Over the years, we’ve seen some beautiful places during our travels. Some because of natural beauty, and others because of the local culture. The more miles we acquire, the more we come to appreciate not just the places, but the people we meet along the way.
I have a lot of special memories of people I met throughout my year on the road in 2015-16. From Judith, the “Swiss Girl” that rode her DRZ400 all the way from Alaska to Santiago, Chile (and is even leading all-women rides in Nepal), to the stranded local motorcyclist on the side of a dirt road in Colombia who allowed me to repair his flat tire, to Mama Margaret in Tanzania (and her daughter Patricia, who lives not far from us, and has since become our good friend), to the guy at a roadside cafe in Namibia who unwittingly gave me one of my best stories due to my own ignorance.
This trip has been a lot of the same kind of memories. I was convinced that people would be less inclined to approach a traveling couple than a solo traveler. In some instances, it seems that has held true. In fact, what I’ve found is that I can use Diana as a “carrot” to start conversations. This usually happens when she is left standing by the bike, in all her gear, while I go inside a store or other place. I think the attraction of a solo female traveler is strong, and whether it’s that people see her that way when I’m missing, or if they’re just hesitant because of my “Grumpy Duck” face, it seems to work. Often, I’m in the store paying for gas or filling our drink bottles, and over our helmet intercoms I hear her respond to someone who has approached. In other instances, people see us getting on the bike, and they can’t believe there is actually room for her amongst all the bags, so they stop to watch and often comment.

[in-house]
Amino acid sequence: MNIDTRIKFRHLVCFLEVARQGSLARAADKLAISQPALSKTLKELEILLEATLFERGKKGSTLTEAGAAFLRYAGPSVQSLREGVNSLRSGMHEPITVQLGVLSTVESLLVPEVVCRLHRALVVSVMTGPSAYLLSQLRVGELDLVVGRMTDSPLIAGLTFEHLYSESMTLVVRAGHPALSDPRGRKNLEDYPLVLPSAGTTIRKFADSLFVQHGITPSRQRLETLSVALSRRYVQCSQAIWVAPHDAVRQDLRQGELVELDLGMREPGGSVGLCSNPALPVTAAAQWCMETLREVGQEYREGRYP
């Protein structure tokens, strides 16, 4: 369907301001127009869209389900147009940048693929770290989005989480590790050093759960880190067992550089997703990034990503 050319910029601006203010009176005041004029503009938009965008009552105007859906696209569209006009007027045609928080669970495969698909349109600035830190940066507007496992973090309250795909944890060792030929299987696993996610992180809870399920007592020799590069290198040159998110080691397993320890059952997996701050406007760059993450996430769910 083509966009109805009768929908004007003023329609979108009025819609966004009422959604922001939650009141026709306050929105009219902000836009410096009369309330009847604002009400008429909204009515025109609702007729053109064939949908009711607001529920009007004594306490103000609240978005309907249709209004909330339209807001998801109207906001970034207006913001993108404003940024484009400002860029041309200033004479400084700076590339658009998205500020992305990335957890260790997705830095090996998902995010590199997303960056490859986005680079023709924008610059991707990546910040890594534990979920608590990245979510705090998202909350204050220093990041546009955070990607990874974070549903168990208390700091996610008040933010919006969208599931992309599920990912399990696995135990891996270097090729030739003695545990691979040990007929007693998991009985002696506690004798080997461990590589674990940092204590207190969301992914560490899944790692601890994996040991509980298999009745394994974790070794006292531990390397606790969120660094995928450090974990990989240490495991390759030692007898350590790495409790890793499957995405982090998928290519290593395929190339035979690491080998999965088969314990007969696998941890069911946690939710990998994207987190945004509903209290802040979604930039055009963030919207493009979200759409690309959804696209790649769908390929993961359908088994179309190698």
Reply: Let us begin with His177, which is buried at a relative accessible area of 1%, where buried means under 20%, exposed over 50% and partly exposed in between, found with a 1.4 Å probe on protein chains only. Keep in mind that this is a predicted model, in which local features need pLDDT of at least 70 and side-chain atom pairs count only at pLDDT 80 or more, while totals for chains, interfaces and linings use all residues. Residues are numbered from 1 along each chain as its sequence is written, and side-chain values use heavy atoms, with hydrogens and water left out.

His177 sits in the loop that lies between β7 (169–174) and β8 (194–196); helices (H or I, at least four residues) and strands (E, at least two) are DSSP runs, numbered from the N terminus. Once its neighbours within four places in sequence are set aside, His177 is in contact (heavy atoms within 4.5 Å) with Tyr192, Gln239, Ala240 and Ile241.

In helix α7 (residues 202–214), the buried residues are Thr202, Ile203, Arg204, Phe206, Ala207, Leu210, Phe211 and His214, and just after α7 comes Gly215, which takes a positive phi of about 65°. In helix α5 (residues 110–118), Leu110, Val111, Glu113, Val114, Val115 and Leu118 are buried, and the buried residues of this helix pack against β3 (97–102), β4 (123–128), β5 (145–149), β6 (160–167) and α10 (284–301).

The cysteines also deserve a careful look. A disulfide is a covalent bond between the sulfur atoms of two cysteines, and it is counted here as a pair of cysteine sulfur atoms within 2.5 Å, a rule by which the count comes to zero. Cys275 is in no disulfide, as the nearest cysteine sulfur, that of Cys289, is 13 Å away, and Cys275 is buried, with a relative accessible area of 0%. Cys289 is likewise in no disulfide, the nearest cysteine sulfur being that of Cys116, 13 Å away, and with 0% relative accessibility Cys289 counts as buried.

We’ve met a lot of great people in the past four months, even if it’s just a short conversation in a parking lot. From Jimmy in Lizella, Georgia, who recently bought a Versys 650 and wants to travel, to Andrew in East Texas; the Montana bicyclist in northern California on his way to San Francisco (and the Washington bicyclist in Astoria, Oregon on his way to San Diego); the “mailman” in Idaho (Tom and Erin will know who and what I am referring to here — a story left untold on these pages); our friend Dave’s wife AnneMarie in Alaska whom we met for the first time on this trip, and her son Joshua & daughter-in-law Kayla and their friends with whom we shared a dinner, and introduced us to new podcasts; Michael at the Tourist Park campground in Idaho Falls who saw us pull in and, believing that there were no spaces left, offered to share his (turns out there was one space left, so we took it, then shared stories with Michael), and later that same night, Kevin and Ron, who arrived even later on their bikes, and since there were no spaces left, we shared ours with them. And Tony Adams, the bicyclist pulling his house, who has traveled this way for 21 years and covered much of the US.
Then there are the homeowners we’ve met on our housesitting gigs. And too many more great people than we can mention here. Along the way, some people see the Texas license plate and are just curious about where we’ve been and where we are going. Others want to share their travel stories. Some want to learn more about how to travel like we do, so they invite us to dinner, or to their homes.
So while we will always make a list of places we want to see when we begin planning each leg of our journey, it’s really the people along the way that create the strongest impressions and memories. Because of them, we can’t wait to hit the road again.